Video Appears To Show Iraqi Soldiers Throwing A Suspected ISIS Militant Off A Building
Graphic videos circulating on social media that purportedly show Iraqi soldiers beating and killing men suspected of being ISIS militants … Continued
Graphic videos circulating on social media that purportedly show Iraqi soldiers beating and killing men suspected of being ISIS militants in the recently liberated city of Mosul have drawn condemnation from Human Rights Watch, the Associated Press reported on July 13.
Two videos were posted to Facebook on July 11, the day after Iraqi Prime Minister Haider al-Abadi declared “total victory” in Mosul, which had been under ISIS control since the terrorist group began its rampage through Iraq in 2014.
In one video, Iraqi soldiers in desert uniform shout as they beat a group of men covered in fresh blood. “Is this one with Daesh or not?” a soldier is heard asking, using the Arabic acronym for ISIS. One of the men is then dragged to the edge of a high wall overlooking the Tigris River. Gunshots pop in the background. The body of a man who had apparently already been thrown to his death comes into the frame as the camera peers over the edge and the Iraqi soldiers begin shooting it.
The soldiers then lift the man they had dragged to the wall’s edge and throw him off. His body is shot up as soon as it hits the ground. The gruesome footage evokes similar scenes chronicled by ISIS, which has long been fond of creative forms of violence, including throwing suspected homosexuals to their deaths from high buildings.
In the other video, titled “Our heroes in the Iraqi Army 16th division executing the remnants of Daesh terrorists in Old Mosul,” which was viewed by the Associated Press but not Task & Purpose, a man wearing Iraqi army fatigues reportedly guns down an unarmed man kneeling in front of a car. An accompanying caption says the video is dedicated to the “families of the martyrs (of the Mosul operation).”
The videos were posted on the Twitter page for Mosul Eye, a blog that has closely chronicled the Islamic State’s occupation of Mosul and the subsequent battle to liberate it from within the city. The Associated Press could not confirm the authenticity of the videos. An Iraqi interior ministry spokesman told BBC that if they are indeed authentic, those responsible for the killings “must be brought to justice.”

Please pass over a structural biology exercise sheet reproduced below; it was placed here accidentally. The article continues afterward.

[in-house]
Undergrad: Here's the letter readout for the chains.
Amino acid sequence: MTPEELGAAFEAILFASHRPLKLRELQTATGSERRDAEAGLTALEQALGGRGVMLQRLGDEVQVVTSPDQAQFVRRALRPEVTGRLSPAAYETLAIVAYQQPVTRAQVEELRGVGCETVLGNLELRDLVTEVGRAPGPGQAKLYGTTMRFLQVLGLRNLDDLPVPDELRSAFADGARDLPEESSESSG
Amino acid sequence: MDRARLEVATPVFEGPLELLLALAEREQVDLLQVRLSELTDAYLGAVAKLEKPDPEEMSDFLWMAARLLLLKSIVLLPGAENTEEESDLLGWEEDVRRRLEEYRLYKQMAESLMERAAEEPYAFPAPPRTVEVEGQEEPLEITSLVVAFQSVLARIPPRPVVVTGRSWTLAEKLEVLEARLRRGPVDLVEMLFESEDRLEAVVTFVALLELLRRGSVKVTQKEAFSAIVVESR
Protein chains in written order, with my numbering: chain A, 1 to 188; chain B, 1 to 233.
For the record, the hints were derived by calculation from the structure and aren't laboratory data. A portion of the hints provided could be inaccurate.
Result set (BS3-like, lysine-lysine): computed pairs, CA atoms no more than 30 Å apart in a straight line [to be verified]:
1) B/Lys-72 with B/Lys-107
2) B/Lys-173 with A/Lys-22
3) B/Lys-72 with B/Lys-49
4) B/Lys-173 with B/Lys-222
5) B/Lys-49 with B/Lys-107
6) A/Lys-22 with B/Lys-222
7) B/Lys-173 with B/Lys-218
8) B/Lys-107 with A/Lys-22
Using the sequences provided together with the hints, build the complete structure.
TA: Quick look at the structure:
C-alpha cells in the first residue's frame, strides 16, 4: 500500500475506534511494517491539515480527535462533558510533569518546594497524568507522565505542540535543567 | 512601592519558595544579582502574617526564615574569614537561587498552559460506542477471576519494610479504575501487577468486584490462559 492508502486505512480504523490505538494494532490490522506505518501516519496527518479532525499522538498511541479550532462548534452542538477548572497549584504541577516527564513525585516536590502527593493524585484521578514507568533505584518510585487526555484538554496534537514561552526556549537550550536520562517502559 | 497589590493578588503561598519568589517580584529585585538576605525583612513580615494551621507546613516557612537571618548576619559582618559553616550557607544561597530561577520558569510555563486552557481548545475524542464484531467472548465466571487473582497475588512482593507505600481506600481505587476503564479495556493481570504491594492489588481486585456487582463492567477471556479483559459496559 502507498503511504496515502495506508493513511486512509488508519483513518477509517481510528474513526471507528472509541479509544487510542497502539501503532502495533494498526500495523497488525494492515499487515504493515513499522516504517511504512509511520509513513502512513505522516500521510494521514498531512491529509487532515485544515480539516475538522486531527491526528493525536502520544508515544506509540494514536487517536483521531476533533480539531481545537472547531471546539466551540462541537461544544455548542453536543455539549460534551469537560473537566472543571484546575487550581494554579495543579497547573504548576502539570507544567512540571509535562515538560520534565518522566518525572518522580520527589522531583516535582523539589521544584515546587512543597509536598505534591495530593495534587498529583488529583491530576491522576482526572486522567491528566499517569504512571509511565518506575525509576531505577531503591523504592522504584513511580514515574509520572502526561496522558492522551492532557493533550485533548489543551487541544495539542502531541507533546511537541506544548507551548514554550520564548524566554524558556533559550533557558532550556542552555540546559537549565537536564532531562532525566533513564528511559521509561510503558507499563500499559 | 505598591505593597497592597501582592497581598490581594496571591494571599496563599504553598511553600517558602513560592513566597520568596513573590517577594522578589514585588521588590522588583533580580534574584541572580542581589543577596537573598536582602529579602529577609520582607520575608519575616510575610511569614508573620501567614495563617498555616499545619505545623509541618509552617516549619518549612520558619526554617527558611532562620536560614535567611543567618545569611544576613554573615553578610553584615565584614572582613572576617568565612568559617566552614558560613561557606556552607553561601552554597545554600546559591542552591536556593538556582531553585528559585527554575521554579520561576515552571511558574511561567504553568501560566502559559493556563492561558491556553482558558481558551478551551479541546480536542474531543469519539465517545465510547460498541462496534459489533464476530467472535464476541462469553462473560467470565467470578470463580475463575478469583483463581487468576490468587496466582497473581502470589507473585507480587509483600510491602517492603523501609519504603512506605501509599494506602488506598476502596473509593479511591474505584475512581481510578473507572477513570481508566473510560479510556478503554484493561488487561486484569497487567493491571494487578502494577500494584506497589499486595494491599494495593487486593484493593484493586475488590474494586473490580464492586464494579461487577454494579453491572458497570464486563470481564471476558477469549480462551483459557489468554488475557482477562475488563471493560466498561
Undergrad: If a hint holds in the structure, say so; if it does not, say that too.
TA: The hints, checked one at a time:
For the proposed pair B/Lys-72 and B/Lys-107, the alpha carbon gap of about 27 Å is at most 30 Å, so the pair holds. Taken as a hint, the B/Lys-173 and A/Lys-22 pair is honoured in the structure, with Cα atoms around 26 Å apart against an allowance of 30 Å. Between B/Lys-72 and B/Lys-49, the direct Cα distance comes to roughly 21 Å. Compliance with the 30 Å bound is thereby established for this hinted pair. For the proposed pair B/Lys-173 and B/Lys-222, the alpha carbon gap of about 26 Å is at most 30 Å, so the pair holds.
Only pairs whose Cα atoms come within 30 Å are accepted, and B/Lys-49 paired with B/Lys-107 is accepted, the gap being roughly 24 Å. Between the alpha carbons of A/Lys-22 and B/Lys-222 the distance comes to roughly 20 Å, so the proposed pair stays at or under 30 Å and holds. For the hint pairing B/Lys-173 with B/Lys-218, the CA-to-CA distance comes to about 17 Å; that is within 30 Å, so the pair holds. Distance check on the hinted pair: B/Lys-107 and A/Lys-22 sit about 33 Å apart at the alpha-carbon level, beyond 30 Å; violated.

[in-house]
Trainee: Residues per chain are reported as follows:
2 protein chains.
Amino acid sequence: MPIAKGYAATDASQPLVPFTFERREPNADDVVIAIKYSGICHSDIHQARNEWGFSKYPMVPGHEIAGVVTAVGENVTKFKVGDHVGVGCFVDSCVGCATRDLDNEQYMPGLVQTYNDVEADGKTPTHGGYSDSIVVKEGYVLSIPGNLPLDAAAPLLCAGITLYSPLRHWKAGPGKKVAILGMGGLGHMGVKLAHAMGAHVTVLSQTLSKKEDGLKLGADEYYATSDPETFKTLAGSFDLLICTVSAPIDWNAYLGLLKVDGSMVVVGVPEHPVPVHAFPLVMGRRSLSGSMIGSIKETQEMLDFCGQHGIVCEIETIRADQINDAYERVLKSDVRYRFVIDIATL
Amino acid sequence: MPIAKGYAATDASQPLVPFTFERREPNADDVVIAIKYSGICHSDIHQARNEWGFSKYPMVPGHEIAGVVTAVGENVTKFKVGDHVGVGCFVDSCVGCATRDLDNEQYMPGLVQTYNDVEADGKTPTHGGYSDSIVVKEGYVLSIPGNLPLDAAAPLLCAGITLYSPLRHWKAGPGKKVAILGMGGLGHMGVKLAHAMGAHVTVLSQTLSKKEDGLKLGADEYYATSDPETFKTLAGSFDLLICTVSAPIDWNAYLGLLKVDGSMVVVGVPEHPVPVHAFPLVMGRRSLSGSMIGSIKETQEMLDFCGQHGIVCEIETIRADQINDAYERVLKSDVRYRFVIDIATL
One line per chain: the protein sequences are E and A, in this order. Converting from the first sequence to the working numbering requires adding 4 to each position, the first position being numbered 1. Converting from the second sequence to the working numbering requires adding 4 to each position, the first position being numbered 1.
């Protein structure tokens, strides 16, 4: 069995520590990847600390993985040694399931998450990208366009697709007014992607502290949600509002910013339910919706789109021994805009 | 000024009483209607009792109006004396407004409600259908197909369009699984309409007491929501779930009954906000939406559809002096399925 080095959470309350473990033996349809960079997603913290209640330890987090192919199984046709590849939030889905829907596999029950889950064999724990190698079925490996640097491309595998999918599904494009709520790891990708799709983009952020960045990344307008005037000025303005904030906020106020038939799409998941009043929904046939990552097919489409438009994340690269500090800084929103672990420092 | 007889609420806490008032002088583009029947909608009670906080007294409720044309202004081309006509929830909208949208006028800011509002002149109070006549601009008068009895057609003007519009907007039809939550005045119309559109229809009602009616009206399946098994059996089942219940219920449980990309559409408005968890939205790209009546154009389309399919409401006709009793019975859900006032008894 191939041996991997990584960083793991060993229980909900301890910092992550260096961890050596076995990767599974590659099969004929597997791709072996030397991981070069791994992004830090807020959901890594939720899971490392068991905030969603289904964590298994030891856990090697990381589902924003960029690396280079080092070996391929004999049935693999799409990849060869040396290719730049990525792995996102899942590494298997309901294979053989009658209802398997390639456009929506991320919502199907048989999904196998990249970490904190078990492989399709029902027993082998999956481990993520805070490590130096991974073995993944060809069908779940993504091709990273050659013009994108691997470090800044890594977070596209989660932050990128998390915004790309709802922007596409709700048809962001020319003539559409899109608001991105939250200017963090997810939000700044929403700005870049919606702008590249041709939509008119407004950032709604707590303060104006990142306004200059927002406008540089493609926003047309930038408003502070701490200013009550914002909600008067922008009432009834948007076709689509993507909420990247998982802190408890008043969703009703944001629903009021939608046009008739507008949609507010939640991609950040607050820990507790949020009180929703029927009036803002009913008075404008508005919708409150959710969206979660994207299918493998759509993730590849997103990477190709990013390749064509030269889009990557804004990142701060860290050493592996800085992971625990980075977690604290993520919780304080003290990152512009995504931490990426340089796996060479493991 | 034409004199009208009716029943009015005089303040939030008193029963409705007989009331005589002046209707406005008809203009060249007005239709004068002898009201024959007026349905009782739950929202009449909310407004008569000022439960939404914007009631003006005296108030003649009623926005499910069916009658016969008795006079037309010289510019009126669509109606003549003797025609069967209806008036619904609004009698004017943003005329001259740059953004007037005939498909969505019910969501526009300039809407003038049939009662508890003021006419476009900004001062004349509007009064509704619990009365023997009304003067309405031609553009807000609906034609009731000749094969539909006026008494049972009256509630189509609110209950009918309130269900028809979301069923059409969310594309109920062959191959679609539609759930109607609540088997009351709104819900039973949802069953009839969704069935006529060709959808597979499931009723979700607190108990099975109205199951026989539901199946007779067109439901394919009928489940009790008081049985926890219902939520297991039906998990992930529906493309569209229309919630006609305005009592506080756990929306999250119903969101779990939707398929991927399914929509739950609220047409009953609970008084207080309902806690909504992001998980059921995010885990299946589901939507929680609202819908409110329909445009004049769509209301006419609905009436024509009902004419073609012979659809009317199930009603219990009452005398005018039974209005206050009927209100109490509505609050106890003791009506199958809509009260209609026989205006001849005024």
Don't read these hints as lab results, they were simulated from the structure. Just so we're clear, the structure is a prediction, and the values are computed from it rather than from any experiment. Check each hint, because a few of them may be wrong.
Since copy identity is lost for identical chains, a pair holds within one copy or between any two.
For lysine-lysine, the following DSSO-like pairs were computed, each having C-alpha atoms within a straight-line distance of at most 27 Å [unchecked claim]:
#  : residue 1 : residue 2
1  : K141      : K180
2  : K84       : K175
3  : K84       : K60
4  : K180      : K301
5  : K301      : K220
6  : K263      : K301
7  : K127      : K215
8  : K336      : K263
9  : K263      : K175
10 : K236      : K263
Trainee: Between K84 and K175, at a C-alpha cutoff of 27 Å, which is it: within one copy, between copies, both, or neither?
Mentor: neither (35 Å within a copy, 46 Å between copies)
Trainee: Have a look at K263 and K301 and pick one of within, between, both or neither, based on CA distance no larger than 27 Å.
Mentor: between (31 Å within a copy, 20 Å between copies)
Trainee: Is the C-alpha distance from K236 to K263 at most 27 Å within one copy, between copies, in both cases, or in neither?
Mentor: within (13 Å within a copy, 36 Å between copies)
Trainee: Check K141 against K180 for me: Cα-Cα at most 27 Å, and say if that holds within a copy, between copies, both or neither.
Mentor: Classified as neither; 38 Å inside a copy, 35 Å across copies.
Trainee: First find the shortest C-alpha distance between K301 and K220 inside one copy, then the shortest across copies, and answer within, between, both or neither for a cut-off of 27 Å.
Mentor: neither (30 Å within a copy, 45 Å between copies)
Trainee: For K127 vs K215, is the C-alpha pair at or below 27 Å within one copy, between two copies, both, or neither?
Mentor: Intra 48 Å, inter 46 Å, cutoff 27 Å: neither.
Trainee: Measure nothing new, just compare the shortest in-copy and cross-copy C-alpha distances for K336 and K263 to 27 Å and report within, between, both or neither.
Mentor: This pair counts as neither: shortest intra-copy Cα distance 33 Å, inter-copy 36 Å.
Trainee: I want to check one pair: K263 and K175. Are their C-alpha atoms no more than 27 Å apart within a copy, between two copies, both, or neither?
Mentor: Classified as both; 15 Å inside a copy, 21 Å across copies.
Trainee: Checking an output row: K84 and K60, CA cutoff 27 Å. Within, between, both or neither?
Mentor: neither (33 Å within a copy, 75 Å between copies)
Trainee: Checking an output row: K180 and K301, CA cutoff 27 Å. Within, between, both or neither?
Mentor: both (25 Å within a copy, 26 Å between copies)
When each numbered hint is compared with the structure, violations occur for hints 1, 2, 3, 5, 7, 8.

GRAPHIC CONTENT WARNING: Executing the ISIS way, a video allegedly shows ISF executing IS fighters, throwing them, then shooting in Mosul. pic.twitter.com/PkgX5klXy0
— Mosul Eye عين الموصل (@MosulEye) July 12, 2017
The campaign to retake Mosul from ISIS lasted more than eight months and involved a coalition of Iraqi and Kurdish troops bolstered by U.S. airstrikes. Sporadic fighting continues as a small but unknown number of ISIS militants remain entrenched in Mosul’s Old City. Meanwhile, multiple reports of torture and extrajudicial killing of ISIS suspects have started circulating, raising serious concerns that the city will soon be beset by a wave of revenge-fueled violence.
“These reports have been met with congratulations from Baghdad on the victory, only further fostering the feeling of impunity among armed forces in Mosul,” Belkis Wille, senior Iraq researcher at Human Rights Watch, told BBC.
Some outside observers saw this coming.
“Horrific though the crimes of [ISIS] are, there is no place for vengeance,” a statement released by the United Nations High Commissioner for Human Rights following the announcement of victory in Mosul. The statement also implored Iraq to address the “human rights challenges” certain to arise as Mosul emerges from three years of ISIS rule. If those challenges aren’t address, the statement warns, they will “further violence and civilian suffering.”
That advice seems to being going unheeded — or at least for now. On July 13, Human Rights Watch reported that dozens of women and children suspected of having familial links to ISIS were forcibly moved into a tent camp near Mosul that Iraqi authorities are calling a “rehabilitation camp.”
“Iraqi authorities shouldn’t punish entire families because of their relatives’ actions,” Lama Fakih, the Mideast deputy chief at HRW told the Associated Press. “These abusive acts are war crimes and are sabotaging efforts to promote reconciliation in areas retaken from ISIS.”